By Kristin Battestella
Shakespearean thespian Kenneth Branagh produces and stars in the 2008 British television debut of Wallander, based upon the Swedish novels of the same name from author Henning Mankell. Now, Swedish is truly Greek to me, but despite a solid literary pedigree and prior Swedish television adaptations, this trio of 90-minute episodes packs some contemporary suspense and delightfully bitter detective examinations for English speaking audiences.
The disturbing, fiery suicide to start Episode 1 “Sidetracked” quickly introduces audiences to a melancholy, downtrodden police existence, and Wallander provides a universal realism with bizarre deaths and relatable, depressed, strung out investigators piecing together the serial killer crimes. Although the Swedish setting is not immediately apparent thanks to the British forefront, names and places, blue and yellow flags, and newspaper hints do subtlety suggest Wallander’s Scandinavian roots. Pleasing investigative touches, media interference, and corrupt politicians go hand in hand with squad room dynamics, layers of mystery, and an ever-deepening scandal. Sure, there are the usual cop show tropes or common lines of questioning – “Does he have any enemies?” – however, the flawed, in over their heads detectives tie the abuses, dirty details, and cover ups together in a well done examination accented by artistic elements and fathers and sons analysis. The personal touches and focus on the people and not necessarily the case balance the twisted criminals and well edited, suspenseful killings – we almost don’t blame this killer of killers for taking out the trash thanks to all the gray complexities. Terrified witnesses, surprising clues, and the highest corruption all come together for an intense finale.
Now that we know Wallander’s bleak style, Episode 2 “Firewall” gets right to the bloody crimes, seemingly random stabbings, and young delinquents with attitudes that say something more. Contrasts between the killer mentality, disturbing violence, and innocent pink bedrooms reflect the personal amid the crimes and witnesses, and it seems divorcées and grieving families are no better or worse than our titular copper. Naturally, with a title like “Firewall” one can deduce the technological terrors amid the personal here. Online technology, power outages, security failures, and computer troubles are both a help and hindrance in life or investigation – our reliance on machines assists in the criminal activity or tosses a wrench in the case. Such contemporary technological statements may not be as thematically disturbing as the abuses and violence of the first episode, but the topics are handled better than American detective dramas where a team of heroes has everything resolved in an hour. While it sometimes seems very impractical – how do these people never have backup?! – Wallander’s handful of cops must deal with everything in their jurisdiction. They are under the gun, cases crisscross, and my goodness, bodies mysteriously leave the morgue! More family parallels and heavy backstory unfold, but Wallander tells the intersecting oddities of life and investigation in an ironic, linear fashion, smartly allowing the catastrophic clockwork to simmer and sneak up upon the viewers.
“One Step Behind” opens with a deadly costume party, and some are handling the situation better than others are. Family may move on but some take the ultimate way out in this third episode and the squad room deals with internal heavies as the cases go on. Cops must trust each other with their lives, but do they really know one another? Wallander takes more personal time here to reflect on the job and state of not so well being with therapy sessions and an investigation of self. Less music, innate silence, and diegetic sounds add emphasis to the emotional parallels, ill health, and regretfully missed clues hidden in plain sight. What if one person thought you were his best friend and you never even noticed because the case was always more important? Seemingly random moments or supposedly separate plots interweave well on Wallander, and no fluff camerawork is needed when mistakes are made and the tale is told like it is. Where stateside shows are 40 minutes with precious little time to mount a case – much less a pause or go over the breaking point – this serious, pensive 90-minute finale does much more than a big shoot ‘em up blowout spectacle. There isn’t a reset button or a chance to do better next time when kids and cops are dying, and the crimes come home in a fitting gunpoint conclusion.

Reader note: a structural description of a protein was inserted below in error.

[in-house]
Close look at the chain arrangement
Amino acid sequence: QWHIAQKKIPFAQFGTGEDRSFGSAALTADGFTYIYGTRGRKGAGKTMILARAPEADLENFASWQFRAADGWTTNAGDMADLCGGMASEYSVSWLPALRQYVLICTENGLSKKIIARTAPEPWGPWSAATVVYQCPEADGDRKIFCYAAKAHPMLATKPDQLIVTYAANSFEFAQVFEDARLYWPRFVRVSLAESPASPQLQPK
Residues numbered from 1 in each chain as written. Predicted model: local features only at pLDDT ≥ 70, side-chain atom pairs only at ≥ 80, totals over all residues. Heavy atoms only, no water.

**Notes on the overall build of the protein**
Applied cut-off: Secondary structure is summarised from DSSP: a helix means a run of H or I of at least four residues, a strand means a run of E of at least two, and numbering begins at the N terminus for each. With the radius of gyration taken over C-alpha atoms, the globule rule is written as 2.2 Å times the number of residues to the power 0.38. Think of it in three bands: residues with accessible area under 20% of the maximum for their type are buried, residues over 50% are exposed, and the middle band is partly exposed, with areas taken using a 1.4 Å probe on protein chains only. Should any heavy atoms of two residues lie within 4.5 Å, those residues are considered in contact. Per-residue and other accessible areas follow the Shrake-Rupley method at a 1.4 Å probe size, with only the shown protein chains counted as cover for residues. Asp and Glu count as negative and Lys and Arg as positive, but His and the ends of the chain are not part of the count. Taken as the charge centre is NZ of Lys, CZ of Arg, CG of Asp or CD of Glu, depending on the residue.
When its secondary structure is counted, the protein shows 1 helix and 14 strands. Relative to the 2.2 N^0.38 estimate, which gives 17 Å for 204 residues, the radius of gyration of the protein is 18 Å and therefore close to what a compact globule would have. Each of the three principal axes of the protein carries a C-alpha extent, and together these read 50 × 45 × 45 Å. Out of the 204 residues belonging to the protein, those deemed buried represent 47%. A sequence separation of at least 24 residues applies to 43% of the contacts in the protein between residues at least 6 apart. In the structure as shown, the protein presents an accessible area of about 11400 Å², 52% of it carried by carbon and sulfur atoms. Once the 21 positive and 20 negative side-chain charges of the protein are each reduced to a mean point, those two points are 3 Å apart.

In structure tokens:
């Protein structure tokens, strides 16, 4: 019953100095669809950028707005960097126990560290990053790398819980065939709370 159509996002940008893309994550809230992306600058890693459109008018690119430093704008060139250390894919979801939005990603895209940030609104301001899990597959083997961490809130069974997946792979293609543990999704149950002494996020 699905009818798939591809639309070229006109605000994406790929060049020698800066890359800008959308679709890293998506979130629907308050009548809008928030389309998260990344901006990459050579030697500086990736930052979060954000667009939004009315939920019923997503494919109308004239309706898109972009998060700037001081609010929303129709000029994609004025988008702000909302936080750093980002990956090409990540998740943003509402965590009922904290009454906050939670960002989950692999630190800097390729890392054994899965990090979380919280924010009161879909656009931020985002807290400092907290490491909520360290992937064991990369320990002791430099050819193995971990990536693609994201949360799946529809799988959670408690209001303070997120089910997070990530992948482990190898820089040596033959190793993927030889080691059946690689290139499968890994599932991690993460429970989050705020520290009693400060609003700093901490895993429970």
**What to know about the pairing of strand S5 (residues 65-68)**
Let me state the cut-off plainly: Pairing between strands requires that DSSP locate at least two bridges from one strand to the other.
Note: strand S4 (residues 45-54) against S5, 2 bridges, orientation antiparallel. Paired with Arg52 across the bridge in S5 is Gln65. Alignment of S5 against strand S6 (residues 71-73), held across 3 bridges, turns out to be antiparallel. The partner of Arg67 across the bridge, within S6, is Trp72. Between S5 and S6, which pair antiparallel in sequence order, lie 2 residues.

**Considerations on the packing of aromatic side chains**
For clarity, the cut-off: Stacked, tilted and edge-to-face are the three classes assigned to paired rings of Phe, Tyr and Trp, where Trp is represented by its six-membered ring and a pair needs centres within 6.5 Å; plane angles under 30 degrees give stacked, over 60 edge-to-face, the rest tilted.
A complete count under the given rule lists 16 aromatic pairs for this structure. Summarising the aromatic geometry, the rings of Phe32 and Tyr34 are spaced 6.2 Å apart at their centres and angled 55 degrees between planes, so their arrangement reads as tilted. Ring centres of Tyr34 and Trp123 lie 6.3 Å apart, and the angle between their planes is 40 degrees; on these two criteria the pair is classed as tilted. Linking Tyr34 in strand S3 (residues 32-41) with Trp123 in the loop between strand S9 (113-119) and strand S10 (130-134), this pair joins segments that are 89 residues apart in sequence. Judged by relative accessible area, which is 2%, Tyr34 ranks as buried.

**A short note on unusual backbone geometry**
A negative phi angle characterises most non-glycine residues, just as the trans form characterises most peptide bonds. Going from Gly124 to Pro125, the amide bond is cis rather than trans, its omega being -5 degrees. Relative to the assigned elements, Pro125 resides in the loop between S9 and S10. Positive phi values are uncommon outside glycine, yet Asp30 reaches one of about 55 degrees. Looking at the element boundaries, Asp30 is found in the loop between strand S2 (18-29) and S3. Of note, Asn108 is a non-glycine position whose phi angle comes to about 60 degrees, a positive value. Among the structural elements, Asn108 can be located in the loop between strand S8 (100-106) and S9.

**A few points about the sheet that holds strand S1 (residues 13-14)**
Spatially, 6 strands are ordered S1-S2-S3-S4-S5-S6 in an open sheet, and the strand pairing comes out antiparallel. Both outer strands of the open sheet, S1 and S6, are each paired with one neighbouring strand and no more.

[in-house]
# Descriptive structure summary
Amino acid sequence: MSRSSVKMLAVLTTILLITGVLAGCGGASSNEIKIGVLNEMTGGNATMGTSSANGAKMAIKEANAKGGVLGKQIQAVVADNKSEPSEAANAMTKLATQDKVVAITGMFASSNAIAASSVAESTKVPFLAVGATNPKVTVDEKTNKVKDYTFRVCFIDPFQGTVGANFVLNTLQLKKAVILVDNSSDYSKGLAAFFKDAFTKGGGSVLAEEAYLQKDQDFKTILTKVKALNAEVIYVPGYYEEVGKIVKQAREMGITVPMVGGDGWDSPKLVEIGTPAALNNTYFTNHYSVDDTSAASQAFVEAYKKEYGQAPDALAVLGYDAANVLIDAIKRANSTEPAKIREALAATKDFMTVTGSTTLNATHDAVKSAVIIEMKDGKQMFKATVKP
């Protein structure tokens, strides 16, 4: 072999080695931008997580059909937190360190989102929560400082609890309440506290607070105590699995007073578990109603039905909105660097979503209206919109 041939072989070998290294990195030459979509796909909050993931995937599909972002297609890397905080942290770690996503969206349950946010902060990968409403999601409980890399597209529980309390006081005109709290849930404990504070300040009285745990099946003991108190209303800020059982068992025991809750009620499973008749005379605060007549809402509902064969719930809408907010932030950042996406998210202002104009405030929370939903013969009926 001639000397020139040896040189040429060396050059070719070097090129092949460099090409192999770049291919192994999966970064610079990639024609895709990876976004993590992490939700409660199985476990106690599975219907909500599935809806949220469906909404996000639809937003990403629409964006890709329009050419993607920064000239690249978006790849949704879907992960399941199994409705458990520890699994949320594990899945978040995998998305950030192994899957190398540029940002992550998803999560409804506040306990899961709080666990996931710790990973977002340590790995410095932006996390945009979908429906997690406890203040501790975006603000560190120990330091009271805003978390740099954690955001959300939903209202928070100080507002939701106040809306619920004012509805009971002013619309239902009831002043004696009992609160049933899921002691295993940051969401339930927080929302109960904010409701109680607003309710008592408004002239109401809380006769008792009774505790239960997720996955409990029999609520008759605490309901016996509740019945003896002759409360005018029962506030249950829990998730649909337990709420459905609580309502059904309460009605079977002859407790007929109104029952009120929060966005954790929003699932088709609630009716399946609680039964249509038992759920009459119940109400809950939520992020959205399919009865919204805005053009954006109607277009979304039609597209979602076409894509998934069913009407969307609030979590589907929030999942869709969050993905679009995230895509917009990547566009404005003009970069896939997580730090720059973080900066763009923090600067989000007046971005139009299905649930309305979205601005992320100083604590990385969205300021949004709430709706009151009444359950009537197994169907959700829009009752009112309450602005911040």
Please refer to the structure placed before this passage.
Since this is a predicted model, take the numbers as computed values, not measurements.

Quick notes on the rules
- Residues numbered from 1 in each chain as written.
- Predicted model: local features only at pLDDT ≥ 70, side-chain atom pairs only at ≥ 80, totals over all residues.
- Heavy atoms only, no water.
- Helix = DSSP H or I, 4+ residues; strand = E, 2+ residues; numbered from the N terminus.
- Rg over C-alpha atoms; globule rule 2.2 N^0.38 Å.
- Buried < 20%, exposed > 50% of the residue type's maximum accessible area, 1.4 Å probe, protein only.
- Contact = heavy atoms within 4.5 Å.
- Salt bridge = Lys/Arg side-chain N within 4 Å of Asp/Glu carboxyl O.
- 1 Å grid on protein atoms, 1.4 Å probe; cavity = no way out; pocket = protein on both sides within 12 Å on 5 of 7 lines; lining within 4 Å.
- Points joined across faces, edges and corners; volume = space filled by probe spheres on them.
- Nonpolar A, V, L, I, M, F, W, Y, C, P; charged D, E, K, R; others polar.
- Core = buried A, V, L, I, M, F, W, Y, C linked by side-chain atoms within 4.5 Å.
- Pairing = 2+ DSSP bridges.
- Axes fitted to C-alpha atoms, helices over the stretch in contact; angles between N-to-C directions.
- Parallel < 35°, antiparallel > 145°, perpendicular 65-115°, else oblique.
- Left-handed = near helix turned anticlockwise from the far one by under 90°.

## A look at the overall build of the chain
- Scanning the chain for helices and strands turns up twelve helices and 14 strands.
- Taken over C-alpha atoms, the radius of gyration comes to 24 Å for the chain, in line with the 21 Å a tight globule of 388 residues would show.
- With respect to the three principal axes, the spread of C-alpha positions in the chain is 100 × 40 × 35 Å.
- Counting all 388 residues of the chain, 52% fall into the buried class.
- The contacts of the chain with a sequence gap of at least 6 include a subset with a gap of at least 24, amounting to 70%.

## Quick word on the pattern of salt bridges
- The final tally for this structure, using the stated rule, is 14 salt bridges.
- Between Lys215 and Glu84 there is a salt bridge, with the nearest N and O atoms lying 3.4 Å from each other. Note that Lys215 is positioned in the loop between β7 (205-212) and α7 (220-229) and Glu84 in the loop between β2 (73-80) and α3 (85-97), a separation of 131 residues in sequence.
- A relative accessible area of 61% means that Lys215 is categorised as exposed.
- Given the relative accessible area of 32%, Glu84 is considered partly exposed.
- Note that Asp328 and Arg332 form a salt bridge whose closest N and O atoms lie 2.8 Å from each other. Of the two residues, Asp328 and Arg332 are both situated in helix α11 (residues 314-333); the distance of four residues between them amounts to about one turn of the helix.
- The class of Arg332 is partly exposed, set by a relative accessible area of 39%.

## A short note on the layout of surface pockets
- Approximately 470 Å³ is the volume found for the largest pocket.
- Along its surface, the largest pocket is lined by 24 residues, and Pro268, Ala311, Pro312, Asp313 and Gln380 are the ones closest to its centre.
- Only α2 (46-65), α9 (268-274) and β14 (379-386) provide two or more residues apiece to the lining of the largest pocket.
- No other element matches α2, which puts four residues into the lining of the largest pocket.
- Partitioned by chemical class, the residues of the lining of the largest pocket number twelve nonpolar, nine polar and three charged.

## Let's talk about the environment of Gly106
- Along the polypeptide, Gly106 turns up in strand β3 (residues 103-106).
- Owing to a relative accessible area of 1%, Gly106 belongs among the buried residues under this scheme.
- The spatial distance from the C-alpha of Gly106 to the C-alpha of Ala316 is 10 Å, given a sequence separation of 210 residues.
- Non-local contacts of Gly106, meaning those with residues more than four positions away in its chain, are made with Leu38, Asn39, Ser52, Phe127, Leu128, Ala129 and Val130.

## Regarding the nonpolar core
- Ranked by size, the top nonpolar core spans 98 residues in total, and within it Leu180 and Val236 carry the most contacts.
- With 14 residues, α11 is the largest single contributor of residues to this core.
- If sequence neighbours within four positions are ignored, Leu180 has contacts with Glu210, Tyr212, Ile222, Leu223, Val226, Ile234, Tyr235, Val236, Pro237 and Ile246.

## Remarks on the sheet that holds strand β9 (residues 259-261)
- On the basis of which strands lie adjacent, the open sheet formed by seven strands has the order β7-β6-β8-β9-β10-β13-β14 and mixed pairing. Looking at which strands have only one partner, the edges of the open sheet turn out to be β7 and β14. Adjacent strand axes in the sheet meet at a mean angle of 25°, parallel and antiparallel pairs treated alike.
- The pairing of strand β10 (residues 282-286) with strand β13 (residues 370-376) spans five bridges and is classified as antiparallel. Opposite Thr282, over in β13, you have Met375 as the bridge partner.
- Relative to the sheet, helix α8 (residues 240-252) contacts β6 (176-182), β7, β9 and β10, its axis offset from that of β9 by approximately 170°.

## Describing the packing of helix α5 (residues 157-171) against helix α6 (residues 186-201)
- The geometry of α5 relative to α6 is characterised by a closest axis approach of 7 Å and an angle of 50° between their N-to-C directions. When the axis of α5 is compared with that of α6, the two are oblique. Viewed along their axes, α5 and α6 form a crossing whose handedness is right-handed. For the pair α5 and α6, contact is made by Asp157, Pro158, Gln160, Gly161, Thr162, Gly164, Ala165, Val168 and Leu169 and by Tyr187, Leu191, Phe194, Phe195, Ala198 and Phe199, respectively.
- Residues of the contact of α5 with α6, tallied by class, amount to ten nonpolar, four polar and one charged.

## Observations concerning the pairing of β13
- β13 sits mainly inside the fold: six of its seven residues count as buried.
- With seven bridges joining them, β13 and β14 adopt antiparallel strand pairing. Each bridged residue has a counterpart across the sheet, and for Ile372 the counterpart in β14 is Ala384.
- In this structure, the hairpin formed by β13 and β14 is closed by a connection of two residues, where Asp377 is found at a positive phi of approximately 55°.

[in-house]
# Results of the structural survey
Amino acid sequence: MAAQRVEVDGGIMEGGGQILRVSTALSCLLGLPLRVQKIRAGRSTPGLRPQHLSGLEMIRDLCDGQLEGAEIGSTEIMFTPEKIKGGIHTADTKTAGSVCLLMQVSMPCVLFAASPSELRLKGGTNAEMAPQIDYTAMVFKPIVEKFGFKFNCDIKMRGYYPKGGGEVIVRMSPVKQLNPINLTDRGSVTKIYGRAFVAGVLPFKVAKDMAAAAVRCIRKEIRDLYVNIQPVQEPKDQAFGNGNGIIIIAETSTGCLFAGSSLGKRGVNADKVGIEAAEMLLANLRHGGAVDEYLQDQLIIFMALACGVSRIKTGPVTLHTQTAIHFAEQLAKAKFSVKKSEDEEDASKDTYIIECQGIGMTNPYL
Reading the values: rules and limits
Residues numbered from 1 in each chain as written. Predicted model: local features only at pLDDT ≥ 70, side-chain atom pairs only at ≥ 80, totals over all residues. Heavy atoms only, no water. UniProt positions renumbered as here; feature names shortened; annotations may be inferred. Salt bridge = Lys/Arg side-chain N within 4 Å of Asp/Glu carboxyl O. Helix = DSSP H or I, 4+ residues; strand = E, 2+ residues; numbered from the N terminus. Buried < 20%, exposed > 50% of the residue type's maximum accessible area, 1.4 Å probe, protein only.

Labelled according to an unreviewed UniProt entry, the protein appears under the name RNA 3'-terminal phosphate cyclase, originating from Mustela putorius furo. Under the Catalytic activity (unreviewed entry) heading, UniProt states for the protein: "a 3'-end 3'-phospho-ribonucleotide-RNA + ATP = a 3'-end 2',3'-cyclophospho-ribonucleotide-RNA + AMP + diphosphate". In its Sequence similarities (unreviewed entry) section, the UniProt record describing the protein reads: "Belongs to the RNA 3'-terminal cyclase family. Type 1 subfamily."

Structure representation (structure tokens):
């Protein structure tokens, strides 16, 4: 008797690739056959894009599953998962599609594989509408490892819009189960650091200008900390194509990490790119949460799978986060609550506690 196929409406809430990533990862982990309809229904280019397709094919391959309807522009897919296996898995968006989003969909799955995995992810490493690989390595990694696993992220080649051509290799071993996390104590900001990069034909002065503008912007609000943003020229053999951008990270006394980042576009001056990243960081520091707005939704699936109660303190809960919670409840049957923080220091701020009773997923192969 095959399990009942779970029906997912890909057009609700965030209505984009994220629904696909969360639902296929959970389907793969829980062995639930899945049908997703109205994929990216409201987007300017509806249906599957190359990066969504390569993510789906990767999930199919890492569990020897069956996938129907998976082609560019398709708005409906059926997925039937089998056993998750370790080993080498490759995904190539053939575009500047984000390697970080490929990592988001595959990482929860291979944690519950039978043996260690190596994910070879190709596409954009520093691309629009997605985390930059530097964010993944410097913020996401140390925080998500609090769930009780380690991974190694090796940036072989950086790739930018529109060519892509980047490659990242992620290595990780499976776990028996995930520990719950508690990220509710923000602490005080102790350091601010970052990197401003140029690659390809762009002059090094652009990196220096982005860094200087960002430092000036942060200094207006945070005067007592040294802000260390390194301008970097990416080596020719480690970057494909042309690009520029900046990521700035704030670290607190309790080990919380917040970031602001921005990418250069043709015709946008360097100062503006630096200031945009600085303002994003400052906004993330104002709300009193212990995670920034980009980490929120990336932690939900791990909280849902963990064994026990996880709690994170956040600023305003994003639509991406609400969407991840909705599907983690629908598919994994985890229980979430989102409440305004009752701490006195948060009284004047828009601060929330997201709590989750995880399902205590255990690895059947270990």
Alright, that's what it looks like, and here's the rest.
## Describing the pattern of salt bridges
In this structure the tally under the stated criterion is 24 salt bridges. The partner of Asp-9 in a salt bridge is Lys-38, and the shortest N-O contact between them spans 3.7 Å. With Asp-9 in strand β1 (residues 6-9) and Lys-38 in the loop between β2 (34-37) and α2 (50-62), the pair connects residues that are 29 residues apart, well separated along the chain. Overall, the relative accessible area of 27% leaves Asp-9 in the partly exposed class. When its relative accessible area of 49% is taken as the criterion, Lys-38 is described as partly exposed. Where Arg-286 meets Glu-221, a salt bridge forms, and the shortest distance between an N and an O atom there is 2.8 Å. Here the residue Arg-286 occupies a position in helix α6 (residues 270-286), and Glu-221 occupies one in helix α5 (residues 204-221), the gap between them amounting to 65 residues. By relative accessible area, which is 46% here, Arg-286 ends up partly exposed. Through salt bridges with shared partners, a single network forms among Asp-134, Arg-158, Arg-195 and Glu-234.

Well, Kenneth Branagh’s (Hamlet, Henry V, Othello, Much Ado About Nothing…) eponymous detective is certainly unkempt and crabby –and he’s only made more unstable by his caseload. This isn’t the robust or lighthearted we have known from Sir Ken but rather a five-o-clock shadow and defeated, ongoing weary. Kurt Wallander has a lot of pain and tears yet he remains lovable and relatable because he’s just trying to keep it together as the ghoulish deaths increase daily. He refuses to realize that it’s okay to be off duty and let your own life take priority. Wallander’s a signature away from divorce but still wears his wedding band, he doesn’t always get along with his daughter or father, and usually spends his free time silently zoning out in his chair. He pesters, nay, berates the bereaved, gets slapped a few times, admits to feeling old, and most likely resents the young spitfires about him. Why wake up when this job is your life? Though it consumes him, Kurt needs a creepy heavy case to solve – it keeps him from his own issues and seemingly preferred torment whilst covering up his mistakes and bang up interrogations. Wallander has tough, desperate choices to make. He won’t open himself up and can’t see anything positive after so much pathos. There’s no time to pussyfoot in the quest for so called justice, but Kurt’s gruff charm and endearing awkwardness with family and peers keep Wallander must see.